b) Friendly Touch: this is the kind of touch that only a friend can give. Normal hugs, arms around shoulders during walks, stroking of hair and my favourite, back massage. I really love giving those.
c) Romantic Touch: this one goes deep. Prolonged stroking of hair, holding hands, body strokes, cheeks being slowly massaged, hands on thighs, kissing, love bites and sitting and/or lying on the other person.
Again, depending on the depth of the relationship, the necessary type of touch is to be implemented. I will make a very important point: Everyone Is Different. That means that some people, usually extroverts, are comfortable with prolonged stroking of hair and sitting on the other person’s lap, especially during movies when the relationship goes no further than deep platonic friendship. What all that generally means is that as long as you understand the person’s language and how they like being communicated, you can do so anyway you like. I must say that the last point is subject to a few things:
Mood, Timing, Personality (are they short-tempered? Do they easily have mood-swings?) and Environment.
Quality Time-is a very nice language, particularly when spent with the right person. I remember meeting a girl for the first time at outreach. I believe the total time we spent in the first two days was 30 minutes. On the third day I decided to do something crazy. I asked her to take a walk with me and have a very deep and intense conversation. Now I just wanted to see how she was going to respond, and it turns out, that she was very cooperative. Looking back at it, it was the first time I ever did such a thing and it feels great! The one aspect that made it worthwhile was being at the right place, with the right person, saying the right things, all at the right time. That is the key.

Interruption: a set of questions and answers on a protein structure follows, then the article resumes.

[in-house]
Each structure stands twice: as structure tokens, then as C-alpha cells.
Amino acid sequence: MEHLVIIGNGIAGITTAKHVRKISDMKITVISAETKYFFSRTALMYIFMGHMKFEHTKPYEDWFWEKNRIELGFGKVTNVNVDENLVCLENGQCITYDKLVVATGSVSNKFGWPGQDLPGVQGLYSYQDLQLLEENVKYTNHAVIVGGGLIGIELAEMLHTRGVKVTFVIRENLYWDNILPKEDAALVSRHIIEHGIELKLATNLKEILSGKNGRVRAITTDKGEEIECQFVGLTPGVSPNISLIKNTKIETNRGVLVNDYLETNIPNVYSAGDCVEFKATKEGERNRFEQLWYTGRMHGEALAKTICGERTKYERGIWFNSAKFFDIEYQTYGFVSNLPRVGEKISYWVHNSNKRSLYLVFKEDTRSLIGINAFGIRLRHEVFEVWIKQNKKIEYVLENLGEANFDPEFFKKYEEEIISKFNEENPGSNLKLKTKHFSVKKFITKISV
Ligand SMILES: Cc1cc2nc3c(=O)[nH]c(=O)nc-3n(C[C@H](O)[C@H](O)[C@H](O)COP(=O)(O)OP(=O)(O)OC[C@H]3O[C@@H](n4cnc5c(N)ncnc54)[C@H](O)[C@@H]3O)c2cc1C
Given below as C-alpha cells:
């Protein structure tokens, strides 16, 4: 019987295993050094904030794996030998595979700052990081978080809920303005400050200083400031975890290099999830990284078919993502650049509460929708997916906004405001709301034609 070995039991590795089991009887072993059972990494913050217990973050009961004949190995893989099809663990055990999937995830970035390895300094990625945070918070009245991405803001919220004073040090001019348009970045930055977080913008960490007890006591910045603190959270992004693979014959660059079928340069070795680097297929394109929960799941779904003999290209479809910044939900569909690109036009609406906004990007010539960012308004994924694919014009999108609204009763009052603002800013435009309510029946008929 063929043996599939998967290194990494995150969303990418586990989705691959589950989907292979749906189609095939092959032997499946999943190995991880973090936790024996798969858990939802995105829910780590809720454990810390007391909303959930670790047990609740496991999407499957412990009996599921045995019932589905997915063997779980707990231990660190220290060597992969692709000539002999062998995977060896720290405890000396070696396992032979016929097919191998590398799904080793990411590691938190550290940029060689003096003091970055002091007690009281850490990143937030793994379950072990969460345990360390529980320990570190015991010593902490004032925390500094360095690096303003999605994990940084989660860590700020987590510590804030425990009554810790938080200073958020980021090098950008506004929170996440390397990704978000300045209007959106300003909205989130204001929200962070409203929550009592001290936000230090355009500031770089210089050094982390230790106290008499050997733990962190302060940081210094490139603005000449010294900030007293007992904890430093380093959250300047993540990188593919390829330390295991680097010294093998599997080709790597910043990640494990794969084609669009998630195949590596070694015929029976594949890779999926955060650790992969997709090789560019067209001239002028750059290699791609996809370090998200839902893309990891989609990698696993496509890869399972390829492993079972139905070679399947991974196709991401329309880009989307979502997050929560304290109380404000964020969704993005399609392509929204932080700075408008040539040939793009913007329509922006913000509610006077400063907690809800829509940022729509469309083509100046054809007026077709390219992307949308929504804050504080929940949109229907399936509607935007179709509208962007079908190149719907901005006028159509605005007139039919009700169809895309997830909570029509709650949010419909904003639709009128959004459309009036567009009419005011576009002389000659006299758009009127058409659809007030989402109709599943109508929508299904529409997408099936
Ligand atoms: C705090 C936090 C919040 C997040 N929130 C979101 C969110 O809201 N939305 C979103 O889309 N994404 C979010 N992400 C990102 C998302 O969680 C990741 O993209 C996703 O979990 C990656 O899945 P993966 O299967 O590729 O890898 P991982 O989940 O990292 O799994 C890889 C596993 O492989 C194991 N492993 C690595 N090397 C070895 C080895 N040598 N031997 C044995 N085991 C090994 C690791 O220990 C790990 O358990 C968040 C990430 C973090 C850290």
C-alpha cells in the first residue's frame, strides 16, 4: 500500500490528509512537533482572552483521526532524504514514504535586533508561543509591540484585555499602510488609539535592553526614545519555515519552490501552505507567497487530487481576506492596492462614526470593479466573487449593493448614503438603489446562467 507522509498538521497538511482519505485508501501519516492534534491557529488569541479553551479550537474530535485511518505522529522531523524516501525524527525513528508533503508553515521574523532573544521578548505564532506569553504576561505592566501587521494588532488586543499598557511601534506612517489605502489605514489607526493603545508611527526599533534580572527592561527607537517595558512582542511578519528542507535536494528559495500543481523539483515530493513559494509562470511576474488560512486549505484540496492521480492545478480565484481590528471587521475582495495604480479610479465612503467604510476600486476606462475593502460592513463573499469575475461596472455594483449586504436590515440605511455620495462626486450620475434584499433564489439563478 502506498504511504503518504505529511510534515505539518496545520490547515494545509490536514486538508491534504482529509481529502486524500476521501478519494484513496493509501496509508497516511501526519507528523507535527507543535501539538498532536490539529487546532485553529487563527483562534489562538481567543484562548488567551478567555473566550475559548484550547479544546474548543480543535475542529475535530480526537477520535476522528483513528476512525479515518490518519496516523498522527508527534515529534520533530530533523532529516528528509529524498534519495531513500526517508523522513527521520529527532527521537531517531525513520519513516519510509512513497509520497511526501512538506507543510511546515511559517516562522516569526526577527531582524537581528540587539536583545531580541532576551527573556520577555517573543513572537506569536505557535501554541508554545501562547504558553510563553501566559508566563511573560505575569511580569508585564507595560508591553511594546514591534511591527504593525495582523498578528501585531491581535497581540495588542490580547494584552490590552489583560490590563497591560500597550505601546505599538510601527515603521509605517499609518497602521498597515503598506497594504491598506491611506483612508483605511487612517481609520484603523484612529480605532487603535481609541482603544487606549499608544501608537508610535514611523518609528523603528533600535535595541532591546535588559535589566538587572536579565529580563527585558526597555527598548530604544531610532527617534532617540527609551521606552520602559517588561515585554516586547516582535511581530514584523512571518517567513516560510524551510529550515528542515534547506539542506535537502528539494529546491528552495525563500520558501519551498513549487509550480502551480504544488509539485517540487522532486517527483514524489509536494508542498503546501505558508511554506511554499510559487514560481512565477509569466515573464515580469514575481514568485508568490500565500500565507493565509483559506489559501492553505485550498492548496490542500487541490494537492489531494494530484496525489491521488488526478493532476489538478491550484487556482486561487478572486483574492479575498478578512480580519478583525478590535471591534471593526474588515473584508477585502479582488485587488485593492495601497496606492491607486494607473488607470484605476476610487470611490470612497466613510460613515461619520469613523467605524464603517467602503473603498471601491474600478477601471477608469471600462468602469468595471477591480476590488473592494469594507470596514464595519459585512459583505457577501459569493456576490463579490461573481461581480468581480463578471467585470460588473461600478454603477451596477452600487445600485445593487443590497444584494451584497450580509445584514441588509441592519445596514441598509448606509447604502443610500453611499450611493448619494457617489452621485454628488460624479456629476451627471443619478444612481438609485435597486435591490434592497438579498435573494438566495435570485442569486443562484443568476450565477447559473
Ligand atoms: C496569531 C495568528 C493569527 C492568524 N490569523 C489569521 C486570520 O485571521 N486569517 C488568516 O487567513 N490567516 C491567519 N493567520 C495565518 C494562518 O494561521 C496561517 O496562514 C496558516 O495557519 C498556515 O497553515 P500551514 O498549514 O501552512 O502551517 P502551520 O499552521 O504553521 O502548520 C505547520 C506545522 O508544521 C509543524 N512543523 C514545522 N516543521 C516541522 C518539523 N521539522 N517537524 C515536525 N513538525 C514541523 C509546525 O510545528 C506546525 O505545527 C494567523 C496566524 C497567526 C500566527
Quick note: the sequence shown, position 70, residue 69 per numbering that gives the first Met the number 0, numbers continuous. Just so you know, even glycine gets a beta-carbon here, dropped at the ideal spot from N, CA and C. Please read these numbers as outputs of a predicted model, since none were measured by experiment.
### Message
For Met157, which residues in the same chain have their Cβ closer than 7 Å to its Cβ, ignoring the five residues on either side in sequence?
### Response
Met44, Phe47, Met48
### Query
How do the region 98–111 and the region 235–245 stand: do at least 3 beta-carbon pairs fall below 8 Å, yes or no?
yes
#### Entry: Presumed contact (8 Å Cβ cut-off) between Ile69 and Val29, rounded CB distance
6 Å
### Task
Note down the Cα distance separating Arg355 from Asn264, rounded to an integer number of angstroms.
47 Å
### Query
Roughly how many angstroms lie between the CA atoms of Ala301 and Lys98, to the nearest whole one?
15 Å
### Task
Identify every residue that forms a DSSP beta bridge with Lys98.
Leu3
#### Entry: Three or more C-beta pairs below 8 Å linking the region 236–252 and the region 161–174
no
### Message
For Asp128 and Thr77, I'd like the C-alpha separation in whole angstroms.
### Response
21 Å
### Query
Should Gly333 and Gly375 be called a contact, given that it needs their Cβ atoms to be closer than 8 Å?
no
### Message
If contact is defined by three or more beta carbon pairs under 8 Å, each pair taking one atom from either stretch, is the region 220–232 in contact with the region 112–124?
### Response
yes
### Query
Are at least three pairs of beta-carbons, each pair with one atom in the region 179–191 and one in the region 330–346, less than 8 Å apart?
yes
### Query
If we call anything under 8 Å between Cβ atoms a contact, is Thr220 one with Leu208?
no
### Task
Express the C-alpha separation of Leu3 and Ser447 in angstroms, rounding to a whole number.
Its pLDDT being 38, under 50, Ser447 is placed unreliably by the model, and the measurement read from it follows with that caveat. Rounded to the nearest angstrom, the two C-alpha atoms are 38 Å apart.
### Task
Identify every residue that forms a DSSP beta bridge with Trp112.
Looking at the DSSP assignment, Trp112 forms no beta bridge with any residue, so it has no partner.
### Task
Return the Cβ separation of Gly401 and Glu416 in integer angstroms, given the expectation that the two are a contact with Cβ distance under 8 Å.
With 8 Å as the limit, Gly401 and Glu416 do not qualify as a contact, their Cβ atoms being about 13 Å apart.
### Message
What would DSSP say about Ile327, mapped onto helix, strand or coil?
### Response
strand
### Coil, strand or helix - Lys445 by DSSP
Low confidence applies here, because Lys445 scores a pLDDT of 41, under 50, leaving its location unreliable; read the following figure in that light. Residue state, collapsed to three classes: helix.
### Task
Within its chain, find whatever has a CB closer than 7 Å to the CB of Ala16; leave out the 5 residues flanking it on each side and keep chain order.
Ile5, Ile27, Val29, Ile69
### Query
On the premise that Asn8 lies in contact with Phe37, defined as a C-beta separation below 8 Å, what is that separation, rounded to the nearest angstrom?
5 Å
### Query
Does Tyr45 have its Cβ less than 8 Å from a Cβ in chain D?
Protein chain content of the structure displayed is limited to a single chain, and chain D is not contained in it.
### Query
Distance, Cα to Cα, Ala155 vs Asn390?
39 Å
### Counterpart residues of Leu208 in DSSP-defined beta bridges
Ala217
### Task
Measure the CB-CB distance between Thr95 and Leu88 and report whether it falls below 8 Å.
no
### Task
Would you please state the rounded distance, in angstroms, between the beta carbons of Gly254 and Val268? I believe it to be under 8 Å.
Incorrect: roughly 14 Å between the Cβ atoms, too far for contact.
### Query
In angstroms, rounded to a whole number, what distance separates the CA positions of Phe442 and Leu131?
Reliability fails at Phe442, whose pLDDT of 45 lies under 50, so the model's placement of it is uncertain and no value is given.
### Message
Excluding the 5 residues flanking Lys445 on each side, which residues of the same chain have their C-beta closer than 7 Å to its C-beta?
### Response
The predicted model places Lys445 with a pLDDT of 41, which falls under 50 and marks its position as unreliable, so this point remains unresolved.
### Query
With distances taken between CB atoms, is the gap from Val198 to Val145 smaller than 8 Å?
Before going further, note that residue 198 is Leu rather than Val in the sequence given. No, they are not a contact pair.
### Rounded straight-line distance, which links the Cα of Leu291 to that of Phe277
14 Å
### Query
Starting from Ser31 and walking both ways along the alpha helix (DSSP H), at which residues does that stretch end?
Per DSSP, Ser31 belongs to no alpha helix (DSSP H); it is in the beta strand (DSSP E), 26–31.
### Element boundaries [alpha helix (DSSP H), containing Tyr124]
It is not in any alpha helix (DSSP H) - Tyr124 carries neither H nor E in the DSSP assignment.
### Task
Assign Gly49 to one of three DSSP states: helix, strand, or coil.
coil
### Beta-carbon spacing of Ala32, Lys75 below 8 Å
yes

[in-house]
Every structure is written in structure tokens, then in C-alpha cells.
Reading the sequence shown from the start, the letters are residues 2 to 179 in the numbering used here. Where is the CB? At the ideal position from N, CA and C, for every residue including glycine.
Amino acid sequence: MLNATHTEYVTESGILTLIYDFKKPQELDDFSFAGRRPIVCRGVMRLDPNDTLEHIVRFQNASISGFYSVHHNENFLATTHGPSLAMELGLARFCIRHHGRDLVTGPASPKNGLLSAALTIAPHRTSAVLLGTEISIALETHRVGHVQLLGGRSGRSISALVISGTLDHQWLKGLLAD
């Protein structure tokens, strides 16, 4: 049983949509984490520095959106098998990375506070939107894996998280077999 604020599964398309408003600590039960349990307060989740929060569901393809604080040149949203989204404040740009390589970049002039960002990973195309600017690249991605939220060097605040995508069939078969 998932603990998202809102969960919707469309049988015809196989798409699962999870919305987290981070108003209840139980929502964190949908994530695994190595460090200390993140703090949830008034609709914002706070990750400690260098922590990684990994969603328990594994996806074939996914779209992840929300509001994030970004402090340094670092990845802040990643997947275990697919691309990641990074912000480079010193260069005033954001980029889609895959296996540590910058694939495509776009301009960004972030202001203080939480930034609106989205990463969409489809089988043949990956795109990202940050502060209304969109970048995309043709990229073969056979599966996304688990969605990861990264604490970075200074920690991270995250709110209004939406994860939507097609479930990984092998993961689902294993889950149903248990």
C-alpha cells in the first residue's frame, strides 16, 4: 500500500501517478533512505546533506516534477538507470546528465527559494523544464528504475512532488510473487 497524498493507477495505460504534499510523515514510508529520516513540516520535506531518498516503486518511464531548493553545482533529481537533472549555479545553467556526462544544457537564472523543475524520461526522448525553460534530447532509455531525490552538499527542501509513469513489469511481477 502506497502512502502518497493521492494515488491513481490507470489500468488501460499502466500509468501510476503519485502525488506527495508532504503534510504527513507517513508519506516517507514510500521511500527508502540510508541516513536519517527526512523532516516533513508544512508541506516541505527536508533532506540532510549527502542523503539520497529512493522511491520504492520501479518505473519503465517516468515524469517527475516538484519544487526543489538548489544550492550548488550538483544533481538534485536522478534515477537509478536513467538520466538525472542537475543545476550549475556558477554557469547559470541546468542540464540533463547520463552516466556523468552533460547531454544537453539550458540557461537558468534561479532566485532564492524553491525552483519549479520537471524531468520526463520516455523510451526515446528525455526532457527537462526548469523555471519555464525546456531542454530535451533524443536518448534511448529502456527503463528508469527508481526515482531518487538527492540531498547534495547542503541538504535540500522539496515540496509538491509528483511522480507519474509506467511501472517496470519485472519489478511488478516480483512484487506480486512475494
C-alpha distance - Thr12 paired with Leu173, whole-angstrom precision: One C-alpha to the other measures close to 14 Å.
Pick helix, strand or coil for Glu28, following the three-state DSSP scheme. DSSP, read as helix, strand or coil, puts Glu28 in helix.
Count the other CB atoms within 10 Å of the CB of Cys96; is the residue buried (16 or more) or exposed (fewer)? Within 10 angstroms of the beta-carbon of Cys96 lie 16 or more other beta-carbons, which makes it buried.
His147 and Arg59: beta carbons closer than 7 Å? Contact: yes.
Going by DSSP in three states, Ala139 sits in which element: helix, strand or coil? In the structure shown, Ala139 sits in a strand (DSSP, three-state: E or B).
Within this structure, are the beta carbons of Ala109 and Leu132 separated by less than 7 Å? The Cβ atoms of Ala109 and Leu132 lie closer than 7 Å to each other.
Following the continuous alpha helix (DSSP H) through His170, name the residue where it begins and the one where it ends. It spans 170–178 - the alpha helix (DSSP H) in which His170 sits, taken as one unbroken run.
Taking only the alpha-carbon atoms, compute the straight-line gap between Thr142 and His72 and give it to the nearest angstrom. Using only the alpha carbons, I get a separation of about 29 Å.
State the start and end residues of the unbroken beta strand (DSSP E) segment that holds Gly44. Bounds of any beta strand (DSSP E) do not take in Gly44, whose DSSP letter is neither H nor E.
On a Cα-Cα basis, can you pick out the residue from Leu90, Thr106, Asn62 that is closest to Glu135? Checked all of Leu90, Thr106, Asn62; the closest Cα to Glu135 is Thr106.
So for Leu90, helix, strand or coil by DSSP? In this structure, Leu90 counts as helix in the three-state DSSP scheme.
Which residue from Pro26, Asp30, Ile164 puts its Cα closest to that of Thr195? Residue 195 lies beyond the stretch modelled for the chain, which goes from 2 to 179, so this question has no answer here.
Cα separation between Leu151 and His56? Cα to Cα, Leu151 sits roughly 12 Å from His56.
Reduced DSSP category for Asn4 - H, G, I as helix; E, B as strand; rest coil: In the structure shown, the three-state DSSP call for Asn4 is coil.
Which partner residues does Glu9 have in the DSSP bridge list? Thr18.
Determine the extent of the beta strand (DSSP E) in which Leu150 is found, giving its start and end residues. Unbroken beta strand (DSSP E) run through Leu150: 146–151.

I think the smartest thing to do is to see how well you can mix up the languages. If you give Words to someone who gives you Time, that makes for a meaningful conversation. Think about giving Gifts to someone who gives you Service, as far as actions speaking louder than words is concerned, it does not get better than that! Time and Touch can happen more regularly than any of the other combinations, even more so with close relationships. Words and Gifts work very well too as long as there is good understanding when they are communicated, as does Time and Service.